In the wake of the 2013 Edward Snowden affair, in which a former contractor for the National Security Agency (NSA) revealed that mass surveillance programmes were being operated by the UK and US intelligence services, a collection of journalists and human rights organisations brought a case against the UK government, challenging the bulk interception of communication by GCHQ. The European Court of Human Rights delivered its long-awaited judgment on 25 May 2021.

What was the case about?

Three separate applications were initially lodged, which were later joined together. The applicants were concerned that, as a result of their journalistic and/or human rights activities, it was likely that their electronic communications had either been directly intercepted by GCHQ, or that third parties such as the NSA or internet service providers (ISPs) had passed on their data to the UK intelligence services.

At the time of the application, the Regulation of Investigatory Powers Act (RIPA) 2000 governed the interception of mass data. This legislation was subsequently replaced with the Investigatory Powers Act (IPA) 2016.

What was the outcome of the case?

The legal challenge culminated in a judgment by the Grand Chamber of the European Court of Human Rights, in the case of Big Brother Watch and Others v the United Kingdom, which made a number of rulings pertaining to articles 8 (right to respect for private and family life/communications) and 10 (freedom of expression) of the European Convention on Human Rights (ECHR):

  • unanimously, that there had been a violation of Article 8 in respect of the bulk intercept regime;
  • unanimously that there had been a violation of Article 8 in respect of the regime for obtaining communications data from communication service providers;
  • by 12 votes to 5, that there had been no violation of Article 8 in respect of the UK’s regime for requesting intercepted material from foreign Governments and intelligence agencies;
  • unanimously, that there had been a violation of Article 10, concerning both the bulk interception regime and the regime for obtaining communications data from communication service providers; and
  • by 12 votes to 5, that there had been no violation of Article 10 in respect of the regime for requesting intercepted material from foreign governments and intelligence agencies.

The court did not consider that the mere operation of a bulk interception regime violated any of the principles of the ECHR. However, it ruled that any regime of bulk interception should be subject to:

  • “end-to-end safeguards” involving an assessment being made at each stage of the process regarding the necessity and proportionality of the measures;
  • independent authorisation at the outset, when the object and scope of the operation are being defined; and
  • supervision and independent ex post facto review.

The court identified three deficiencies in the bulk interception regime operated by GCHQ:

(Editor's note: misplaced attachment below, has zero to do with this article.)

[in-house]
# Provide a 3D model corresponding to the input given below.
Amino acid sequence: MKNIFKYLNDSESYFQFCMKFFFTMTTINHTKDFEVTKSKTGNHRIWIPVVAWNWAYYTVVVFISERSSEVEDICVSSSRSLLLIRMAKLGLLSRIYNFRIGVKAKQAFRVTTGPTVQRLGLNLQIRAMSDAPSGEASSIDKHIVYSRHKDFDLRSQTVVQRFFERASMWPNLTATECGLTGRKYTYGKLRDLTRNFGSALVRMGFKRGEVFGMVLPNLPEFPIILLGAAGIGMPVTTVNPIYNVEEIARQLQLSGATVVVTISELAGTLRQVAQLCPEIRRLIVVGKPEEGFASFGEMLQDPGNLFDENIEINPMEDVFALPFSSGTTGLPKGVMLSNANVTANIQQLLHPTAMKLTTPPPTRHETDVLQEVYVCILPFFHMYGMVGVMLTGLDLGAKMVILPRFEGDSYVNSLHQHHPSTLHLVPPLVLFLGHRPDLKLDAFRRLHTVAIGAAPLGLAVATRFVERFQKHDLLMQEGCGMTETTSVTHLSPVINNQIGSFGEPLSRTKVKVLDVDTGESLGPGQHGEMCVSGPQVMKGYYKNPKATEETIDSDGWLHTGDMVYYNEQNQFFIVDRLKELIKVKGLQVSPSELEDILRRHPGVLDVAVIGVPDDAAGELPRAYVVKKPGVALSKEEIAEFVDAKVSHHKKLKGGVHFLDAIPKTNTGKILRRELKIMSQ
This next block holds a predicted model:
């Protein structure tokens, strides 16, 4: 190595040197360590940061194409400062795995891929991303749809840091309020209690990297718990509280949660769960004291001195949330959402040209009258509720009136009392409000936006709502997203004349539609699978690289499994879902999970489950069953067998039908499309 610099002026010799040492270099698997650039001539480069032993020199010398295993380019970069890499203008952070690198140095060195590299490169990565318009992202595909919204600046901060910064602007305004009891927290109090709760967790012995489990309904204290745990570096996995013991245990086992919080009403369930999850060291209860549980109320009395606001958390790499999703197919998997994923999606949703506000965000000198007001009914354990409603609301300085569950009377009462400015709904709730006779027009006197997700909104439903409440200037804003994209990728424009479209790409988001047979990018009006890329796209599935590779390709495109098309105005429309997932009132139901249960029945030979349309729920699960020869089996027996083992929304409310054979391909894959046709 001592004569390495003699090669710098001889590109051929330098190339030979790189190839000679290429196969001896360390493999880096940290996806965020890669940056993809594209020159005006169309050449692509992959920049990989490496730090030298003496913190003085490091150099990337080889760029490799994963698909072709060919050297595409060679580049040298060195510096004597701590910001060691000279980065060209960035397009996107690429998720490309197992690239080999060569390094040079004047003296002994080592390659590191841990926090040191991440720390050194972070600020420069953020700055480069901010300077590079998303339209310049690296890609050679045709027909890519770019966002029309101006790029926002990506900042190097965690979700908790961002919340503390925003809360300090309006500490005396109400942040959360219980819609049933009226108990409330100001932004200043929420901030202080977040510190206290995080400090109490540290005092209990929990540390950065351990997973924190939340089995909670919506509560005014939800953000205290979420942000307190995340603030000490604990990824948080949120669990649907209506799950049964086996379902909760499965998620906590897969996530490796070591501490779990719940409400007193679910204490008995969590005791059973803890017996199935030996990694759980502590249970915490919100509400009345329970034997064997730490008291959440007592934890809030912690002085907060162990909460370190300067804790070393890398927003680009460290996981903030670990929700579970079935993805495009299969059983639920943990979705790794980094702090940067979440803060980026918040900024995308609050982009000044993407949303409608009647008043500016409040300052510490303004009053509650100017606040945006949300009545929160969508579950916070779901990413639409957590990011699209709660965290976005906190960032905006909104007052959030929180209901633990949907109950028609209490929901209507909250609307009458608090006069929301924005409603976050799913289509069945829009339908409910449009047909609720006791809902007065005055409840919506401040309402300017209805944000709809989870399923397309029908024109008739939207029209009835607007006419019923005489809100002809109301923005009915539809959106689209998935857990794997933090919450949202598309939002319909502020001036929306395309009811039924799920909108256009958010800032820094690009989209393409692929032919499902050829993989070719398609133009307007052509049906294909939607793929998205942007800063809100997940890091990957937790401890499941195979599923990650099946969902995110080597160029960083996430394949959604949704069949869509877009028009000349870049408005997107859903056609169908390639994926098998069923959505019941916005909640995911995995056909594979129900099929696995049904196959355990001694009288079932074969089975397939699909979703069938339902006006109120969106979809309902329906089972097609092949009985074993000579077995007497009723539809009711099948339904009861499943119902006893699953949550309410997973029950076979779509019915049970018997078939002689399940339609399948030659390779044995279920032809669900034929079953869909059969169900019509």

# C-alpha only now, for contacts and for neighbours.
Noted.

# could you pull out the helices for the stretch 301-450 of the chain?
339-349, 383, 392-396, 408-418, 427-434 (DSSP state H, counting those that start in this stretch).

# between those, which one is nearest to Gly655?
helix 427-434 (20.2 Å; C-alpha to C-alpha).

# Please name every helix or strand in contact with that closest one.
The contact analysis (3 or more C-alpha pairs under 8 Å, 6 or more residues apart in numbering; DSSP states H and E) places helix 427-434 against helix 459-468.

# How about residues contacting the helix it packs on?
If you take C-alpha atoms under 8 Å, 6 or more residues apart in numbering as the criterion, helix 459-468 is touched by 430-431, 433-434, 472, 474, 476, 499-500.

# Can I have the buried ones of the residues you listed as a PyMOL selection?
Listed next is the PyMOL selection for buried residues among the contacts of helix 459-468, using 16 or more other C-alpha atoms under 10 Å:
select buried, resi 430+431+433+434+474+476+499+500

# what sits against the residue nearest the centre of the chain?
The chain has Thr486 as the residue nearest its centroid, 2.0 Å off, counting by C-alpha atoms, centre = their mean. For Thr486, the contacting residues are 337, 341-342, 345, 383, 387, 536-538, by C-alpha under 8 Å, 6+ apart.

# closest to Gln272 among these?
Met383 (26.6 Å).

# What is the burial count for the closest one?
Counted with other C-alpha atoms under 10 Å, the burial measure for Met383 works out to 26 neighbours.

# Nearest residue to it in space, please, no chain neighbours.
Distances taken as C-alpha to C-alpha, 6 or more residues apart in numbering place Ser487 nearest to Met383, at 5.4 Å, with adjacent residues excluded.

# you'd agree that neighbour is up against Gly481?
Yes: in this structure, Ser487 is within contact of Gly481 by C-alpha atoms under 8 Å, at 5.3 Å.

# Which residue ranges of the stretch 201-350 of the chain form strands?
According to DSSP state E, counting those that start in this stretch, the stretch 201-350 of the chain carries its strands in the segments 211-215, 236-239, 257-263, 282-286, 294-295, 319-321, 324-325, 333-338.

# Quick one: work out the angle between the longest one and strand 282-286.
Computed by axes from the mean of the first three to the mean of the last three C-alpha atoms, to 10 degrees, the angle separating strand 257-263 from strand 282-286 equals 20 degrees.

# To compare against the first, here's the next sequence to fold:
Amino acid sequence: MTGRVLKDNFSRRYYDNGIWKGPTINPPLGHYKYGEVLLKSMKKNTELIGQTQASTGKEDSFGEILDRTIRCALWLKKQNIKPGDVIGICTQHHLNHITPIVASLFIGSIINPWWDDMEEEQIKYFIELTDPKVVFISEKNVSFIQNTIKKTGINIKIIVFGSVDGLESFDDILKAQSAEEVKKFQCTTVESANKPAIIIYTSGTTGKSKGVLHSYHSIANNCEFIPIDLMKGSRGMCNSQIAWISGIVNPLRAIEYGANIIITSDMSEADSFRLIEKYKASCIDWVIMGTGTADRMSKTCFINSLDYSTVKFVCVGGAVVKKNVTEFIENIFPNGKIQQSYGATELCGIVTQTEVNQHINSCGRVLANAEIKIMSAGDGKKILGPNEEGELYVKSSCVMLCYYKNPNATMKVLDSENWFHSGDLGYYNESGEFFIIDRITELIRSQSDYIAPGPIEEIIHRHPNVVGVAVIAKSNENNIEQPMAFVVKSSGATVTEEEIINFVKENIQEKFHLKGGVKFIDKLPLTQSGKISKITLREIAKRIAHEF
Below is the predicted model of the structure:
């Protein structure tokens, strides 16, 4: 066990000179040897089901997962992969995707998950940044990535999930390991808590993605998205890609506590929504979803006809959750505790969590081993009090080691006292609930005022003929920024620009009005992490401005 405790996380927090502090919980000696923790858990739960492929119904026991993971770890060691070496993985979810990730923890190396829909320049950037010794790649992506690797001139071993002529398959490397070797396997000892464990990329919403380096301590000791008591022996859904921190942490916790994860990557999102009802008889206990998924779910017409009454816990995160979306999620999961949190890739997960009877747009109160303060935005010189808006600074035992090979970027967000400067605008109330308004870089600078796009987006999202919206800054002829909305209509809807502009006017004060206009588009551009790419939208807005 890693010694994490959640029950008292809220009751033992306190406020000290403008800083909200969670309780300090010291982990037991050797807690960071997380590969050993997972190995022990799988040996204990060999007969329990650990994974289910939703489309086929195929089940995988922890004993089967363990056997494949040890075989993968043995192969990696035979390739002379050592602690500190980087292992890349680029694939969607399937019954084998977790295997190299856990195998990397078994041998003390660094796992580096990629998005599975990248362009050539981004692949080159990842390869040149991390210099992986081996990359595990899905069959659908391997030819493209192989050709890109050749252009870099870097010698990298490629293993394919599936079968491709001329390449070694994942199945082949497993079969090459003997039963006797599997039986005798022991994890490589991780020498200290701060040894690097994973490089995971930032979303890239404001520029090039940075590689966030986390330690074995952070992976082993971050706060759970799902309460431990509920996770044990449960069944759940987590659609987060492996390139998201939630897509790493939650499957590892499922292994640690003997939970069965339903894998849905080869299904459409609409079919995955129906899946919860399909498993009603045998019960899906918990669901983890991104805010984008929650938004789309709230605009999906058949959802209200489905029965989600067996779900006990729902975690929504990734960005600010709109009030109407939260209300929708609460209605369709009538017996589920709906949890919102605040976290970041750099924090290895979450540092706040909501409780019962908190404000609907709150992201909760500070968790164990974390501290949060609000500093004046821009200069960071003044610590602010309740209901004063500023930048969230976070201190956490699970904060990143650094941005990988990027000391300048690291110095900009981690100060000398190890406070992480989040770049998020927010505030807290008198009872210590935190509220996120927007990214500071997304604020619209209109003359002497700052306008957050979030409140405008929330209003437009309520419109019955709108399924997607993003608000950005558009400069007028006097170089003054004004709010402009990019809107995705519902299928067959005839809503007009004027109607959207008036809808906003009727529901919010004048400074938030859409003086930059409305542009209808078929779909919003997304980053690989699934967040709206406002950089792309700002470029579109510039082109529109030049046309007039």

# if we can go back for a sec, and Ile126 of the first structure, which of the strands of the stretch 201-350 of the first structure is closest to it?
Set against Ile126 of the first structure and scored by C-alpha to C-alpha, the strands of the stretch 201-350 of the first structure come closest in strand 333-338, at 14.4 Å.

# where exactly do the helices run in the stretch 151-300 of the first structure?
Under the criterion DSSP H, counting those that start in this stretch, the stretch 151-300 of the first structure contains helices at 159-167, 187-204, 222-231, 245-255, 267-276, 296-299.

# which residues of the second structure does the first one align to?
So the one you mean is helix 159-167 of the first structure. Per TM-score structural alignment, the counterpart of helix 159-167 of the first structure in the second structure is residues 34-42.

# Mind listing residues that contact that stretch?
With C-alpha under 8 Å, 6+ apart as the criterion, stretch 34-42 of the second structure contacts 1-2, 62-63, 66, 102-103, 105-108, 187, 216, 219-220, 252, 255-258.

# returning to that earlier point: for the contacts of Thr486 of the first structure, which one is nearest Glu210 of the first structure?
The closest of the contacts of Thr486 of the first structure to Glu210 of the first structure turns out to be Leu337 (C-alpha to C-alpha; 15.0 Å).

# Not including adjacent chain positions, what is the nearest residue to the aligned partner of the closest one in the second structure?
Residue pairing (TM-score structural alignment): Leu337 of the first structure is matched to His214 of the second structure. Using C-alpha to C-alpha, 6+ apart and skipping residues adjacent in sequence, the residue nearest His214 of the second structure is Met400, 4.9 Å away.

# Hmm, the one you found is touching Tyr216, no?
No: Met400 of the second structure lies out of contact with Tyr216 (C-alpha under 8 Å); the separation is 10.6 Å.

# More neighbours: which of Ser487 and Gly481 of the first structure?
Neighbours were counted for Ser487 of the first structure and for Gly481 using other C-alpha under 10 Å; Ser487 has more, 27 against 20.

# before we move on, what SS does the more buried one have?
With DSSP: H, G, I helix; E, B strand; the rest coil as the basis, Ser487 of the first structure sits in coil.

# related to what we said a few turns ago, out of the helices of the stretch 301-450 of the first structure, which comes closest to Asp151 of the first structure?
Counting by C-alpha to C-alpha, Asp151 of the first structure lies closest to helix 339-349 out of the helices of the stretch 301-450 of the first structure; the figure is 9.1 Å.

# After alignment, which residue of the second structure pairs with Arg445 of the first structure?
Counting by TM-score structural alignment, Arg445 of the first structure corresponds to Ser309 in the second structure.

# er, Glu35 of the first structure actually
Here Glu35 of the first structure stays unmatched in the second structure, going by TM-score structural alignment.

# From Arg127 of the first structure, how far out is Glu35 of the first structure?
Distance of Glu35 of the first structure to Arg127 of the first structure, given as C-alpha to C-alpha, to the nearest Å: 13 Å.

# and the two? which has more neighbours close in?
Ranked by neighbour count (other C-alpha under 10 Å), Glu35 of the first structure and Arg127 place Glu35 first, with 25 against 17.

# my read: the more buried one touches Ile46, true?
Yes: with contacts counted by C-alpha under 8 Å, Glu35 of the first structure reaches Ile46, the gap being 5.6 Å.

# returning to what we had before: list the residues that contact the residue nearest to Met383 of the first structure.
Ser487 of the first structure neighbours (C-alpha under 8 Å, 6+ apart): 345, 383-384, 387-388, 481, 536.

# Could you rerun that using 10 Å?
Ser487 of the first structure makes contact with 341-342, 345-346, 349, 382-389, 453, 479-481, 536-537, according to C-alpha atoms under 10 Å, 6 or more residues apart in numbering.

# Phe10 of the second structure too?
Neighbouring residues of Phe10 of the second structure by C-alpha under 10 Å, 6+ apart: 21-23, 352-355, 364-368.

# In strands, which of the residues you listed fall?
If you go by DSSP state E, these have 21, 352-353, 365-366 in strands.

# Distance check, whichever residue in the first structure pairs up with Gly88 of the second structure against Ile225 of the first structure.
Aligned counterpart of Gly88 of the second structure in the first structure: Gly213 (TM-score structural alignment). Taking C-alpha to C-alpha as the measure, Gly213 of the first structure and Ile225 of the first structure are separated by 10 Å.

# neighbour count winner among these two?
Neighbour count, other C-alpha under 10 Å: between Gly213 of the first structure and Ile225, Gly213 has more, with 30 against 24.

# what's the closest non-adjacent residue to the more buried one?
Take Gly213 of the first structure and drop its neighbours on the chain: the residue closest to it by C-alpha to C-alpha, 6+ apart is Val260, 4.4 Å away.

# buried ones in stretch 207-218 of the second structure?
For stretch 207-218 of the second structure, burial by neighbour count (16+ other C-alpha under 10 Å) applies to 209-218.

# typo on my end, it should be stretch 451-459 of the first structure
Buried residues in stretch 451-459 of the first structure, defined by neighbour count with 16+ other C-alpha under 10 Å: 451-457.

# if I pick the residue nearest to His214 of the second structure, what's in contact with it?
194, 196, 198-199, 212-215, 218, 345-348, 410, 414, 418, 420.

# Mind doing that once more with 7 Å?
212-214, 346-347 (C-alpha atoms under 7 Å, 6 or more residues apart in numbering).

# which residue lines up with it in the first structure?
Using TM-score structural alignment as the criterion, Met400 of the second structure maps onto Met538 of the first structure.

• bulk interception had been authorised by the Secretary of State, and not by a body independent of the executive;
  • categories of search terms defining the kinds of communications that would become liable for examination had not been included in the application for a warrant; and
  • search terms linked to an individual (eg an email address) had not been subject to prior internal authorisation.

The court found that the bulk interception regime had breached article 10 of the ECHR, since there were insufficient protections for confidential journalistic material. Furthermore, the regime for obtaining communications data from communication service providers such as ISPs violated articles 8 and 10. But the regime for receiving intelligence material from foreign states or bodies such as the NSA was compatible with the ECHR.

What does the ruling mean?

This judgment essentially confirms that the bulk interception regime operated by the UK government at the time of the Snowden revelations in 2013 was unlawful.

Since these findings relate to the bulk interception regime under RIPA 2000, it is unclear whether they would also apply to the regime governed by IPA 2016. But the principles will essentially remain the same and will be relevant for bulk interception in general. For a discussion on the specific implications of this ruling on the IPA 2016, see Graham Smith’s excellent blog post on this topic.

Despite Brexit, the UK is still a member of the ECHR. So it is important that the government assesses whether any of the failings identified by the court still apply to the current regime of bulk interception under the IPA 2016.

A separate legal action by Liberty, one of the human rights organisations which was an applicant in this case, challenging the IPA 2016, will now proceed to the Court of Appeal, on the back of this judgment from the European Court of Human Rights.

Commenting, Megan Goulding, the lawyer representing Liberty, said:

“We all want to have control over our personal information, and to have a Government that respects our right to privacy and our freedom of expression. That’s what makes today’s victory, and the Court’s recognition of the dangers posed by these mass surveillance powers, so important … Today’s decision takes us another step closer to scrapping these dangerous, oppressive surveillance powers, and ensuring our rights are protected.”

Further reading

Cyberleagle (Graham Smith): Big Brother Watch/Rättvisa – a multifactorial puzzle

Alex Heshmaty is technology editor for the Newsletter. He runs Legal Words, a legal copywriting agency based in the Silicon Gorge. Email alex@legalwords.co.uk. LinkedIn alexheshmaty.

Image by PixxlTeufel from Pixabay.

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